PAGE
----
Journal

Thursday marked the official launch, in Shanghai, of Gemfields’ first-ever consumer insight report into the state of coloured gemstones in China. Held at The Punch Room of the Edition hotel, the event was attended by 18 high-profile members of the Shanghai media and key opinion leaders in the world of jewellery. The feedback from the audience was hugely positive, backing up our report’s conclusion: that China is a market ripe with opportunities for us.

Amongst those in attendance in Shanghai were editors from Tatler, Grazia, Elle China, Modern Weekly, LUXE, Noblesse, Apex Manual, The Paper, Modern Weekly online, IDEAT, itTime, Netease, Fashion Trends Digest and Rapaport; while the report was unveiled, they were treated to a feast of beef tartare, lobster salad and chocolate truffles. Beijing media – including Bazaar Jewelry, China Daily, xbiao.com, Comfort and BQ Weekly – were invited to watch the livestream of the event; this got almost 11,000 views, with several viewers and attendees posting about it on their WeChat.

Entitled Sustainability: The Future of Coloured Gemstones in China, the report made clear the growing enthusiasm for coloured gemstones that exists amongst Chinese jewellery owners, with 35% of them saying they plan to purchase rubies in the near future, and 25% saying the same about emeralds. To gauge the appetite for coloured gemstones in different demographics, the study spoke to Chinese consumers from different regions, cities and levels of affluence, to gain a clear and thorough picture of consumer preferences.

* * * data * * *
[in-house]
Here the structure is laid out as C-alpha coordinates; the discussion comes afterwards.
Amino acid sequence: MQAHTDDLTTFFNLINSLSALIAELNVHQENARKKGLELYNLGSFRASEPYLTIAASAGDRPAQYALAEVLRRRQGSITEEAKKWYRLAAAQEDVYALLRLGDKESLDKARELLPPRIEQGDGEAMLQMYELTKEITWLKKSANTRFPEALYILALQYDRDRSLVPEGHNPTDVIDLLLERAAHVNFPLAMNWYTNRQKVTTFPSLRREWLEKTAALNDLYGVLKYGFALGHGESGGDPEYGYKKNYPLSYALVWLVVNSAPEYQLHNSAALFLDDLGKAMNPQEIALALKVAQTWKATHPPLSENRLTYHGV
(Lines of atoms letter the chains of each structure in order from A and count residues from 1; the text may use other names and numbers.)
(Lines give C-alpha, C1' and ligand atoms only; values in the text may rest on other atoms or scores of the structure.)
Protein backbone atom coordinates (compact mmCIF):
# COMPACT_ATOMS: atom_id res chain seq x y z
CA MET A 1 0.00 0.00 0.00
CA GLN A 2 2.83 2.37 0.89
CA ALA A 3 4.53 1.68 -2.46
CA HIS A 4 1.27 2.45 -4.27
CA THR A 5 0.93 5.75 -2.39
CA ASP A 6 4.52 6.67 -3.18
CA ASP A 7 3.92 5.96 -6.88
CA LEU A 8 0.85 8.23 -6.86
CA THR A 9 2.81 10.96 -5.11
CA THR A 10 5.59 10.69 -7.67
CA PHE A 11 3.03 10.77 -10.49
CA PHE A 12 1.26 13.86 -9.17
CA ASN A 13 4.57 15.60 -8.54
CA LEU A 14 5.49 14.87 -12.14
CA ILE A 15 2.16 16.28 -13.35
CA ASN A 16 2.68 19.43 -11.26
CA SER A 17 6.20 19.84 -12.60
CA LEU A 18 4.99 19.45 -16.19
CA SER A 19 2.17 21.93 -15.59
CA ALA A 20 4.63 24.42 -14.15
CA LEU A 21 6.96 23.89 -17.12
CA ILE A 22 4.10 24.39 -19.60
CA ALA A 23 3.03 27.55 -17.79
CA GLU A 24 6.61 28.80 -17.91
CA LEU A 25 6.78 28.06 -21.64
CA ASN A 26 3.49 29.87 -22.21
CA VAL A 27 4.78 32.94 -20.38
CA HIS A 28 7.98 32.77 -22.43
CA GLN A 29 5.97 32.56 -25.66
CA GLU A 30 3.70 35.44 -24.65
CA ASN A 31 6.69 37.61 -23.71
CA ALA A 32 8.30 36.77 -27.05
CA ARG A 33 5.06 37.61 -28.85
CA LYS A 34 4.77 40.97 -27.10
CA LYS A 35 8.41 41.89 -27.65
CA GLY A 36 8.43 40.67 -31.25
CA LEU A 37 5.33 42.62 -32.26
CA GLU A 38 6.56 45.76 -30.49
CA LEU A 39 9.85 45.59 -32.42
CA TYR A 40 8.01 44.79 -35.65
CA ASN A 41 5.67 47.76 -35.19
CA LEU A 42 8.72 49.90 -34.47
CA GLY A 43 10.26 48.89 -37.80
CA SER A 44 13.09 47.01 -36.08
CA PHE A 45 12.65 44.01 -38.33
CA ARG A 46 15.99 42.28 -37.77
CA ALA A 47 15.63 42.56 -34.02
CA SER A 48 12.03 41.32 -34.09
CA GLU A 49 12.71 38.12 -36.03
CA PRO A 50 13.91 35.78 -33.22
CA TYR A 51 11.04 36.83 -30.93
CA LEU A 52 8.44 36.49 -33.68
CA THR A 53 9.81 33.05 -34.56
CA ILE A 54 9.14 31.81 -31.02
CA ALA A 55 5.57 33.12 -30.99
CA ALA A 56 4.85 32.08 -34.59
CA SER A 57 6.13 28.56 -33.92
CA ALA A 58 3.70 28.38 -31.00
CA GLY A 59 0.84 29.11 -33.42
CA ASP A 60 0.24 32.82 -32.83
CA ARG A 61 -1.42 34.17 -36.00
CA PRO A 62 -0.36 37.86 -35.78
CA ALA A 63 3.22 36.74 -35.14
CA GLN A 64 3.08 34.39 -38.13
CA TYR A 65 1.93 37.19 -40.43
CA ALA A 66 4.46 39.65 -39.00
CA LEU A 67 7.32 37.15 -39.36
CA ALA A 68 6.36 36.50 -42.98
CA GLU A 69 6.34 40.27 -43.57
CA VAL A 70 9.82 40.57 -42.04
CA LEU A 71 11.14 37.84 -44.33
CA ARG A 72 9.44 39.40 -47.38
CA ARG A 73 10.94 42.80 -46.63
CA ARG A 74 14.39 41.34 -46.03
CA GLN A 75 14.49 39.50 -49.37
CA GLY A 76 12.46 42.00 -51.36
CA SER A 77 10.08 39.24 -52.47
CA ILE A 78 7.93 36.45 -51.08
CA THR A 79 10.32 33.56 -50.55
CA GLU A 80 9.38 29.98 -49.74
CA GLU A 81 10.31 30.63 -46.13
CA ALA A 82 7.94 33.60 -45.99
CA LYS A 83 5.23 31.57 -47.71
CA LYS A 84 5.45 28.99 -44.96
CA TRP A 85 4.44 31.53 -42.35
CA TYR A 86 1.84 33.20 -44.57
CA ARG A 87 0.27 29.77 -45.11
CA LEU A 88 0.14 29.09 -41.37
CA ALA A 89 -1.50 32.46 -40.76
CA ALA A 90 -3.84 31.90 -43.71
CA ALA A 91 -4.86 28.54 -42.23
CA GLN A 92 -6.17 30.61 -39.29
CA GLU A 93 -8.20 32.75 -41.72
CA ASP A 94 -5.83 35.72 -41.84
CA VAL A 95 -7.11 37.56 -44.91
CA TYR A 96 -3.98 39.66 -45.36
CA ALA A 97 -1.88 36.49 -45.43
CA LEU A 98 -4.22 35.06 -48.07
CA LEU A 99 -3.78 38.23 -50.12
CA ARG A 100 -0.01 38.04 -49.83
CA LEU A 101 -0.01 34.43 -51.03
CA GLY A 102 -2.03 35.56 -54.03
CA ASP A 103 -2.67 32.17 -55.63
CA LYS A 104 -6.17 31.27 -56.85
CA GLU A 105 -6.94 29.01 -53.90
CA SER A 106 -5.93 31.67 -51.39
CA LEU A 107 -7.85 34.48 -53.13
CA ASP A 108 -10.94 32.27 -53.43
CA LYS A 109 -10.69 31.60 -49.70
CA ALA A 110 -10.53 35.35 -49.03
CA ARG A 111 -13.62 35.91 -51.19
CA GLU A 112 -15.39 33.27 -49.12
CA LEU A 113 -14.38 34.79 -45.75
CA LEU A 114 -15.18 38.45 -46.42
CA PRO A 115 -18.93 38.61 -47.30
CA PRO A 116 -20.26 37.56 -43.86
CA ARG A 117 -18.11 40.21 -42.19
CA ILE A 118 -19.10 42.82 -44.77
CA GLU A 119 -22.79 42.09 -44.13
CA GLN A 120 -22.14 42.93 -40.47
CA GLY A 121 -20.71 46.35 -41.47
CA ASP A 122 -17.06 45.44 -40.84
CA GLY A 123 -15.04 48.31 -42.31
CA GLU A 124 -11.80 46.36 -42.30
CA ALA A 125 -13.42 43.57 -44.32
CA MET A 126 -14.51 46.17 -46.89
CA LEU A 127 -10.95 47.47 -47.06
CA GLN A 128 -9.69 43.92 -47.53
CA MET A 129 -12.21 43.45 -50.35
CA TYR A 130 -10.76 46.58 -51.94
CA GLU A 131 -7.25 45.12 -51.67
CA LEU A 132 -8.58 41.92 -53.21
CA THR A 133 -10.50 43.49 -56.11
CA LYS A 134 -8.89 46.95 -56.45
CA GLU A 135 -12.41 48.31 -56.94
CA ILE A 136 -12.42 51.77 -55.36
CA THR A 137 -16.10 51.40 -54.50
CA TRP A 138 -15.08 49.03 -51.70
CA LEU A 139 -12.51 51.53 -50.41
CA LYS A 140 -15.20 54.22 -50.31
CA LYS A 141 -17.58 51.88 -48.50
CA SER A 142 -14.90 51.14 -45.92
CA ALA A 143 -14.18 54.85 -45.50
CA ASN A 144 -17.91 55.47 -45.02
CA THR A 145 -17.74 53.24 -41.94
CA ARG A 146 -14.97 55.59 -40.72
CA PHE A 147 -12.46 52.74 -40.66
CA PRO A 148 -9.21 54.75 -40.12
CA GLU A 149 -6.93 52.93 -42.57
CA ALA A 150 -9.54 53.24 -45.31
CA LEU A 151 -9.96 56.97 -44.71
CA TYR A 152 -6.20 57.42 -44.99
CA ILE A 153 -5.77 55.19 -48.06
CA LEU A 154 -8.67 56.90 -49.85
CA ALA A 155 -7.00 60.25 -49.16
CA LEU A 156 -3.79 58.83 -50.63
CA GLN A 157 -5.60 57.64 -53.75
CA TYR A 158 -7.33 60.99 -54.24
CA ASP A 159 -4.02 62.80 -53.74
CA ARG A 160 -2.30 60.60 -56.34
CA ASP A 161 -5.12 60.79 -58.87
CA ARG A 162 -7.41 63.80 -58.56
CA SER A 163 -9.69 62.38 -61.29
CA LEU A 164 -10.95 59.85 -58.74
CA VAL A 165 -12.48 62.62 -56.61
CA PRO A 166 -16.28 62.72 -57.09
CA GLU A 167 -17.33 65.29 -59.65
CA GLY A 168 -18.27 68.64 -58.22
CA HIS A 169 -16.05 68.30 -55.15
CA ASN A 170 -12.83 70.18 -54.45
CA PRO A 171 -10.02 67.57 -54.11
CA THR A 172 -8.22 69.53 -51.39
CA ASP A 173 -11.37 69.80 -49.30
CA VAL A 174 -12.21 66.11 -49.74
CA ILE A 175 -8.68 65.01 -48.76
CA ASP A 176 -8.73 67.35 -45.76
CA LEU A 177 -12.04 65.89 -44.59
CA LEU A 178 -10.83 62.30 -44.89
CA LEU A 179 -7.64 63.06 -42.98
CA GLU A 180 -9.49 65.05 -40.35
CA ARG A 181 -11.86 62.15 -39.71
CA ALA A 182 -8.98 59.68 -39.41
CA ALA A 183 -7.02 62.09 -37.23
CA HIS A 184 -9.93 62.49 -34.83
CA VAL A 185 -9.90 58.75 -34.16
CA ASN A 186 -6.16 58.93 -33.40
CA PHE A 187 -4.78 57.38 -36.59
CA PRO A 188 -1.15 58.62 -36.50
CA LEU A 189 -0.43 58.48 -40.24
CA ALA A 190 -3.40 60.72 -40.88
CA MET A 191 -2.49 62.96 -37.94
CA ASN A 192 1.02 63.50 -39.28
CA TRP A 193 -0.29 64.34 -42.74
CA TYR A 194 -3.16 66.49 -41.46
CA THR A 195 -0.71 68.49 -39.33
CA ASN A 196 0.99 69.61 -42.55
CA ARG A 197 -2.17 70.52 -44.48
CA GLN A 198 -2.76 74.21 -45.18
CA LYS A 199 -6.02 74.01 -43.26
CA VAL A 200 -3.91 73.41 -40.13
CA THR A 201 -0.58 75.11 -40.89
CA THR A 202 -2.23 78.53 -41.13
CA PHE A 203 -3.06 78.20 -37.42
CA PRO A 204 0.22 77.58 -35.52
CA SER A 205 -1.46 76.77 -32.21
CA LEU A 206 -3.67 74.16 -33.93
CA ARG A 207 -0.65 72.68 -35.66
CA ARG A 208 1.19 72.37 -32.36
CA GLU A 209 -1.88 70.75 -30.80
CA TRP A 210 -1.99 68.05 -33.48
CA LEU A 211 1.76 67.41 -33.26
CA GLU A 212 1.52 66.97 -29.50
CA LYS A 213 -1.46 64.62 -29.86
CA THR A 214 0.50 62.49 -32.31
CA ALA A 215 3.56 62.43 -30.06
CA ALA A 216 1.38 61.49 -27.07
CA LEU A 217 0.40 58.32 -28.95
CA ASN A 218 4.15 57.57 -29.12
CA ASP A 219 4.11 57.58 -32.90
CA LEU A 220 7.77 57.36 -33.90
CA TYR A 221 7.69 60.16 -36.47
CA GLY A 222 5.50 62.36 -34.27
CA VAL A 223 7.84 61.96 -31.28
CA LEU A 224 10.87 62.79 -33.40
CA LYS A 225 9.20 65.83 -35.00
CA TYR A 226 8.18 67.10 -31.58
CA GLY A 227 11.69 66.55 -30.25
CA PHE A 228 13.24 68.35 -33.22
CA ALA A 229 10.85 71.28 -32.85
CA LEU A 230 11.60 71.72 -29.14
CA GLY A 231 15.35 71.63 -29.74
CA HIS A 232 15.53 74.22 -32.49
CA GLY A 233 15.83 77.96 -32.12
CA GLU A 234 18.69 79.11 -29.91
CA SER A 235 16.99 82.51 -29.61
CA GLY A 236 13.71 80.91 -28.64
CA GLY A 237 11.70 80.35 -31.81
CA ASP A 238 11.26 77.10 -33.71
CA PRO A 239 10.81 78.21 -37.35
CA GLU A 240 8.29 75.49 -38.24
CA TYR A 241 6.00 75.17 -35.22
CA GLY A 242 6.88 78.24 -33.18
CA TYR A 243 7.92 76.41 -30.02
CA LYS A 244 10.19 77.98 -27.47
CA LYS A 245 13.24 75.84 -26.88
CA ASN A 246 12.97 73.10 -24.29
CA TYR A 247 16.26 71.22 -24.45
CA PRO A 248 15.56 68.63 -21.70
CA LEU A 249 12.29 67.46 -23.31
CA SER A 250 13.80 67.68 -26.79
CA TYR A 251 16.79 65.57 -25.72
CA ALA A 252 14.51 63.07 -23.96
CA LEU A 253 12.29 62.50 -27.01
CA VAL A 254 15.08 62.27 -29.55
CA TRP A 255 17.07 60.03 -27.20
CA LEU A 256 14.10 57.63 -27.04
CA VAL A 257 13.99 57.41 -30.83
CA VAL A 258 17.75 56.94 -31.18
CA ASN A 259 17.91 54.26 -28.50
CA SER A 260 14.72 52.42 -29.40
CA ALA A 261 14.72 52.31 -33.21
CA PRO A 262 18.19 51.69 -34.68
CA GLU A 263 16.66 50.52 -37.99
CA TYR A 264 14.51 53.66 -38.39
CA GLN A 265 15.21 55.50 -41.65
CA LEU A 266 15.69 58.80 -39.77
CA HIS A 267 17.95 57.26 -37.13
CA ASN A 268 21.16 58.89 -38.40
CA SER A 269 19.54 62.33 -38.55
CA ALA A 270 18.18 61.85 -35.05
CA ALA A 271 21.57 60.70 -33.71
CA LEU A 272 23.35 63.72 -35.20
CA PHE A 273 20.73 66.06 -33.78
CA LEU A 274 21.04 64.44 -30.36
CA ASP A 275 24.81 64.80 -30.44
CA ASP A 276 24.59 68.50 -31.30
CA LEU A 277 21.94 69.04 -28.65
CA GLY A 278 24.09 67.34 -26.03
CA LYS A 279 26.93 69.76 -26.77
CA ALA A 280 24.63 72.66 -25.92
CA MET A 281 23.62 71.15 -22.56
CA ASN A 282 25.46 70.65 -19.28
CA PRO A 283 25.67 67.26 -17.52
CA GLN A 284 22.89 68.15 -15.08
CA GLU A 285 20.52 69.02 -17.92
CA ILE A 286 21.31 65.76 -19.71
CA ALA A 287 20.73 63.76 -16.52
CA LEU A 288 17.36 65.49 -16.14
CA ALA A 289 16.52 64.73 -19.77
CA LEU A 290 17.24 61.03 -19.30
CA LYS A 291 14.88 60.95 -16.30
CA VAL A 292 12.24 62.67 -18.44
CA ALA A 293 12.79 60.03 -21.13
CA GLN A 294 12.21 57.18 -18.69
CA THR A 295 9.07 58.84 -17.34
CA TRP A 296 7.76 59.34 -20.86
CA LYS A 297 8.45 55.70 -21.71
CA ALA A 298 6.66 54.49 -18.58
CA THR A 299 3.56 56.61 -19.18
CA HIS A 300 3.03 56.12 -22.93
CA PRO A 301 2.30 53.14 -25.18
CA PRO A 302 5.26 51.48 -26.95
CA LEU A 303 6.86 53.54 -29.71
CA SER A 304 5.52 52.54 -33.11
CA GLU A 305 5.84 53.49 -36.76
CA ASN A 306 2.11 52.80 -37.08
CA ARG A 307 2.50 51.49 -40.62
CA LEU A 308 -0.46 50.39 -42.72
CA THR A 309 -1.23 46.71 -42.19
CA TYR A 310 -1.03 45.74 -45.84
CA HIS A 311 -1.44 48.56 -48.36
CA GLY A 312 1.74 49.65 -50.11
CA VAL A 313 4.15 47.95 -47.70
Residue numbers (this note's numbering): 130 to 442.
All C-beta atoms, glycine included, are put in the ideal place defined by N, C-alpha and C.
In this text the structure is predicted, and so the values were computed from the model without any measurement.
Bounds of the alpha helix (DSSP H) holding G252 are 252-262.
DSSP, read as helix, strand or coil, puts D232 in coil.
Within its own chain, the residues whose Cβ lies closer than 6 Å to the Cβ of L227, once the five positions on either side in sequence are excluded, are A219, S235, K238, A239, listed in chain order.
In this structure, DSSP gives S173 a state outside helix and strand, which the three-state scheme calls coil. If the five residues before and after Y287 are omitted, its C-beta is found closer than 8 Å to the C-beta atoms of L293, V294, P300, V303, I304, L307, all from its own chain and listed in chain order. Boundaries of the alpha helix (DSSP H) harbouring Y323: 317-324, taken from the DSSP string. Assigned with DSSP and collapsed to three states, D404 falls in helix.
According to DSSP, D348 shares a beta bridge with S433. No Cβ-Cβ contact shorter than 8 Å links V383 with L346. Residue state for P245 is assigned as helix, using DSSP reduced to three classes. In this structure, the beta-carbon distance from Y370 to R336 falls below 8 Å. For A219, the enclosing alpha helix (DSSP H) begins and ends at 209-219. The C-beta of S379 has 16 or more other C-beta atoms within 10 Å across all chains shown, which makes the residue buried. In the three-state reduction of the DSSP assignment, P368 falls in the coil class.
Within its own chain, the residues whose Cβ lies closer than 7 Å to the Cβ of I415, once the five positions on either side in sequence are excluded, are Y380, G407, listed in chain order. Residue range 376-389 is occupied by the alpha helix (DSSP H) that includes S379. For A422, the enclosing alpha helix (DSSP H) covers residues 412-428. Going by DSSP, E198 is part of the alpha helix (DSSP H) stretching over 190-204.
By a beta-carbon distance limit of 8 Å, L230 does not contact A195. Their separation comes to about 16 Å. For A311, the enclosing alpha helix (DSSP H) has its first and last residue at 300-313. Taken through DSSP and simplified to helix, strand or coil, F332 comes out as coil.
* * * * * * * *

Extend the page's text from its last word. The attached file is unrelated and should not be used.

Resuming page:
What emerged was a population very excited about rubies and emeralds. What perhaps thrilled us most was that 97% of those surveyed said they would be willing to pay a premium for gemstones that had been responsibly mined. All participants ranked social responsibility and environmental factors somewhere between “slightly” and “very” important when selecting coloured gemstones; and this concern was especially prominent in younger shoppers.

Given how seriously we take responsible sourcing at Gemfields, this trend towards conscious consumerism was music to our ears – and proof of the sophistication of the Chinese market. Further proof of this was the report’s finding that Chinese jewellery owners overwhelmingly care more about the gemstone itself – its cut, colour, clarity, carat and unique character – than about its price.

We were thrilled to share our research with people in China today, and we are excited about what the future holds for the coloured gemstone industry in that country.

A full English version of the report is available for download here. For any additional enquires, kindly get in touch with us.